Fortunately, the basic referral criteria aren’t the only data we have at our disposal. Alongside the “structured” observations in the referral data – numeric features and “tick box” categorical features – are free-hand written notes. These text features capture relevant information on patient medical histories and examinations, that aren’t captured in the observations that are recorded for every referral. Given that the information captured in these text features is absent from the standard referral criteria, it stands to reason that they aren’t considered by default when making referral decisions. As such, they have the potential to indicate hospitalisation risks that haven’t already been identified by the ACE team.
All that’s needed is a way to statistically analyse free-text.
How can you analyse text?
When we think of data, we typically think of “structured” data – forms, excel spreadsheets, company accounts – and with good reason. Structured data is recorded in a manner that is easy to analyse. Given a spreadsheet of info on 100 people with a column named “age”, the experienced among us can quickly work out their average age. Given a short 500 word bio for the same 100 people, that task would be considerably more difficult, if not impossible. Unlike structured data, determining specific information from free text is a non-trivial task, and there are no guarantees the desired information will even be present.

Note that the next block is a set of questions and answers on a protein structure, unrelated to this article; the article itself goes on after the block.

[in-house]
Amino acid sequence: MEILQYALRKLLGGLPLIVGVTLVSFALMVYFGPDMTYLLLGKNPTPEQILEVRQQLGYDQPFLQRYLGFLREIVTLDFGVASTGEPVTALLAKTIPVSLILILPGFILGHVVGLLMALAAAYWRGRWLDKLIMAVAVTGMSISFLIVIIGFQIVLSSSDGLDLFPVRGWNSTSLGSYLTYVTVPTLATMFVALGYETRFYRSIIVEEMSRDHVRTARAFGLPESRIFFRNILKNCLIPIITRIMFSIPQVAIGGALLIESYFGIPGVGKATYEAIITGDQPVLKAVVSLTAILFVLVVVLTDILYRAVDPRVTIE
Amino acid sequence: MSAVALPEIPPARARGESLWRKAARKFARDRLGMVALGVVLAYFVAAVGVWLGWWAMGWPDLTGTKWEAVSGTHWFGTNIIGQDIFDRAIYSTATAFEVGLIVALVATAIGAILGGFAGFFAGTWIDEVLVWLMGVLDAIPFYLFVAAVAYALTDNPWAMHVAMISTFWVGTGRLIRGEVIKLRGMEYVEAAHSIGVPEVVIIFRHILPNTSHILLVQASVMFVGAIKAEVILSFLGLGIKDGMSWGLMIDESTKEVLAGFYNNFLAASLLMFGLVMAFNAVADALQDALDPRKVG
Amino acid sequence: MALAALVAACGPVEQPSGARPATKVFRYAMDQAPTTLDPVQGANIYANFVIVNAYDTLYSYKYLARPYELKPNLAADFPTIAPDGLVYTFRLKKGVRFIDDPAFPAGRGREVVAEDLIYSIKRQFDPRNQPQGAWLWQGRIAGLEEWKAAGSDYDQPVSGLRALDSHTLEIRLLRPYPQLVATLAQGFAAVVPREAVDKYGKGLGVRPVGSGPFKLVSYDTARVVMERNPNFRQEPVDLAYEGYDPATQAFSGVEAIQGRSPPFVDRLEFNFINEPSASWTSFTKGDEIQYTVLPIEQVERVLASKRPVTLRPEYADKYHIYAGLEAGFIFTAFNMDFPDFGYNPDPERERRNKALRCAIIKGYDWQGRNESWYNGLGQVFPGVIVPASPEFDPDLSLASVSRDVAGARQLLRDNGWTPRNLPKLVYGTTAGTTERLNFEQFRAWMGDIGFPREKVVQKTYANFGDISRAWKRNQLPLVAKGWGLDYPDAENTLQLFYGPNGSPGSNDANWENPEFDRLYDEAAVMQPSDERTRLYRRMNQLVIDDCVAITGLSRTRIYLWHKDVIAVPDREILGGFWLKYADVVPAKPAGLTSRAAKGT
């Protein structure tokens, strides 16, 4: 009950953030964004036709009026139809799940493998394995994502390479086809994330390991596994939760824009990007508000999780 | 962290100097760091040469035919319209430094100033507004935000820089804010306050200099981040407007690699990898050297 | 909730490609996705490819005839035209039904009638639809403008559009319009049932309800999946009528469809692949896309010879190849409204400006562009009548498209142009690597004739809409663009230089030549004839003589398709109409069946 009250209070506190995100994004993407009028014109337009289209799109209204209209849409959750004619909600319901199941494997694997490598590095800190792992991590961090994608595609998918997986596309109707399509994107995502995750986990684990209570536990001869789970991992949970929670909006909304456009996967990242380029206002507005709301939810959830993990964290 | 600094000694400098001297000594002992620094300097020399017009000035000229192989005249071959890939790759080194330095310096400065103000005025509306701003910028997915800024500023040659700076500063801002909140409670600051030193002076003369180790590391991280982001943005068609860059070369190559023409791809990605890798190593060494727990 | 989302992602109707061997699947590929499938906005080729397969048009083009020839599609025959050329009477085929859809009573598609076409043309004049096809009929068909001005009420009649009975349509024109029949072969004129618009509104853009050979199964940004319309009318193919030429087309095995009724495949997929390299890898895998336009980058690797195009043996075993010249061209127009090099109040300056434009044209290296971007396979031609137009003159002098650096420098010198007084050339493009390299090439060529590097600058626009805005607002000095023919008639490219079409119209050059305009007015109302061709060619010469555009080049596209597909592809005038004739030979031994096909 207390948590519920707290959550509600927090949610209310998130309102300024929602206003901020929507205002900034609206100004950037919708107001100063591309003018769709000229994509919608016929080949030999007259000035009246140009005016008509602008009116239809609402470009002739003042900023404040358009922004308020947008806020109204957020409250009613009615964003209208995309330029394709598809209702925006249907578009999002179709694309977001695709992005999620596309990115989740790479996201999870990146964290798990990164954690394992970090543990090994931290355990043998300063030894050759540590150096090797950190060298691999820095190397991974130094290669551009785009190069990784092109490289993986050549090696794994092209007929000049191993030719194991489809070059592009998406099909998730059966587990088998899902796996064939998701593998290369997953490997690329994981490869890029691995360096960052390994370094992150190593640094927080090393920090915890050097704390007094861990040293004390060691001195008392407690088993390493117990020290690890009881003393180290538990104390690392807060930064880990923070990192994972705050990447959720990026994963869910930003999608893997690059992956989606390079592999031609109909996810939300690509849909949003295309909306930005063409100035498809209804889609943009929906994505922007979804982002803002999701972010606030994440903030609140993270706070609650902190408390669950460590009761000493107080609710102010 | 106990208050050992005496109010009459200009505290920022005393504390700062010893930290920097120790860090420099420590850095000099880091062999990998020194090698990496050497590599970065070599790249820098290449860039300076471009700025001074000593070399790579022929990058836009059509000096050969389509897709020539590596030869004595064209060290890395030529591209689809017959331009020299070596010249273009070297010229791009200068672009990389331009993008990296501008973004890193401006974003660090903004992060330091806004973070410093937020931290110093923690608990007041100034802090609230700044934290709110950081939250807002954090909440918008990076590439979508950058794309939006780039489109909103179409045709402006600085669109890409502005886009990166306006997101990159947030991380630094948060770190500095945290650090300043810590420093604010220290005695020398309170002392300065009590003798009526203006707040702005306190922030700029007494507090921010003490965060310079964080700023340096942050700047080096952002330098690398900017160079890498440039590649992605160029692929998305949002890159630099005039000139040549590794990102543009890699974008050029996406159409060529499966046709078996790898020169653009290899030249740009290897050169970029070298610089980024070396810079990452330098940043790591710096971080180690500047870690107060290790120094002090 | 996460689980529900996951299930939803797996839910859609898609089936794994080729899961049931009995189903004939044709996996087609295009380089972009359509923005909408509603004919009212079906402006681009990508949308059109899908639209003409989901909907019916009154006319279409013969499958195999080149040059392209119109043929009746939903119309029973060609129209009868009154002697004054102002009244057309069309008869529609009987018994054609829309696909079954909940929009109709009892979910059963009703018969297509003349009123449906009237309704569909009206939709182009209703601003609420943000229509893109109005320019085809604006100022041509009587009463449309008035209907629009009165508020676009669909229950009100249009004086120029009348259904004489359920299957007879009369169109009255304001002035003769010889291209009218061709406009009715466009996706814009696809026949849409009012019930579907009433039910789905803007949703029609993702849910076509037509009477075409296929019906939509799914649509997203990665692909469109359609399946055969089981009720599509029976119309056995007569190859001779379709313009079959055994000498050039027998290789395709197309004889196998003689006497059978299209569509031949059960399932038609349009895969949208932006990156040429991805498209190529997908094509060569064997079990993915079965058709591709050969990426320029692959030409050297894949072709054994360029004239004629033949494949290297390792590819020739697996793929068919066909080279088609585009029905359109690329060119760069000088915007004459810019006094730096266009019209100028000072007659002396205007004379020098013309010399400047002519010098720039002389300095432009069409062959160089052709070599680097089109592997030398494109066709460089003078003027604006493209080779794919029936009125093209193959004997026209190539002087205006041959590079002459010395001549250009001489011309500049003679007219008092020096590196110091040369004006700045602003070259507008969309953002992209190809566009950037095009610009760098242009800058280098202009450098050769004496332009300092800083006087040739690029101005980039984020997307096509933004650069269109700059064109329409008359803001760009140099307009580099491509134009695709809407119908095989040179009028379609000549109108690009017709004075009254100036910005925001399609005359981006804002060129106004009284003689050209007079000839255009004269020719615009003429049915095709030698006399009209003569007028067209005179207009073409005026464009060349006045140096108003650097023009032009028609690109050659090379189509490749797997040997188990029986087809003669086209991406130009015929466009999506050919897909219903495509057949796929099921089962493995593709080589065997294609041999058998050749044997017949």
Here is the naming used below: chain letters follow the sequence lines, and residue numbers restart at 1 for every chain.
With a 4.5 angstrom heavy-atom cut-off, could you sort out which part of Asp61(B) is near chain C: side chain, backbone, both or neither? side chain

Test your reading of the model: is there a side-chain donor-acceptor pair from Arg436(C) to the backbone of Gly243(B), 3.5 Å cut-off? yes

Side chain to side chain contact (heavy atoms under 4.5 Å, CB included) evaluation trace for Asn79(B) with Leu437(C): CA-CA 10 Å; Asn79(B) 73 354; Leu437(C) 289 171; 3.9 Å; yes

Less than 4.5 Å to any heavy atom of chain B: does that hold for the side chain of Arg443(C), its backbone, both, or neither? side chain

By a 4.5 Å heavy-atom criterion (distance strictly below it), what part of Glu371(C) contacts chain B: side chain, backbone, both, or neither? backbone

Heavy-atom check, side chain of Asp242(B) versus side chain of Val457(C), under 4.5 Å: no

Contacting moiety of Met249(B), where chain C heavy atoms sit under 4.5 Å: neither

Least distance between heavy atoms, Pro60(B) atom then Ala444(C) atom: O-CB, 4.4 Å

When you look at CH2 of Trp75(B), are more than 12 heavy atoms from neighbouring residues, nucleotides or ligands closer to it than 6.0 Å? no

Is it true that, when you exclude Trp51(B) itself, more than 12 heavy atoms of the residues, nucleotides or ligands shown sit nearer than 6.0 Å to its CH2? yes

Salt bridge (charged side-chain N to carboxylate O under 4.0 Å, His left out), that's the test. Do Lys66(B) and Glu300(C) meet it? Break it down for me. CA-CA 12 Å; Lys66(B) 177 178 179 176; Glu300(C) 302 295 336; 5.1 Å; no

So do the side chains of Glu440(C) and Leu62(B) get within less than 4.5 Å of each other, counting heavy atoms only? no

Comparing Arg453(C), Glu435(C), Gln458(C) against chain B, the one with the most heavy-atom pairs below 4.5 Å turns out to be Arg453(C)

Fortunately modern data science has an impressive toolkit of techniques that can help us analyse text statistically. These techniques are generally captured under the umbrella of Natural Language Processing. Though the more complex applications of NLP – voice assistants, chat bots, and so on – tend to be more familiar, applications of NLP need not be so complex.
A simple application of NLP which we are all familiar with is a word cloud. The following is a word cloud generated from the “medical history” notes from the ACE data:
Word clouds separate text into individual (or pairs of) words, and display the most common words visually. Words that appear more often are displayed in larger font, and words appearing less often are smaller. By displaying text this way, we aim to gain an overall impression of a text or collection of texts, which words are “important” or “prominent” and which words are less so.
For example, we can see from the above word cloud, that the patients appear to be exhibiting a lot of cough or asthma symptoms. Words like “wheeze”, “inhaler”, “asthma” and “cough” are among those that stand out most clearly. We might assume, therefore, that the patients are being treated primarily for chest infections or asthma. This is an accurate interpretation of the notes, given that the ACE dataset actually describes patients that were treated on the “asthma / wheeze” pathway. We have quickly inferred some characteristics about the patients in the dataset using this simple text analysis, and our assumptions turn out to be correct.
Word clouds are a handy illustration of a methodology that underpins much of NLP – dividing text into its component parts and assigning numeric values to the parts. The word cloud quantifies the frequency with which words appear and then increases or decreases their size accordingly. This method is more commonly referred to as a “bag of words”.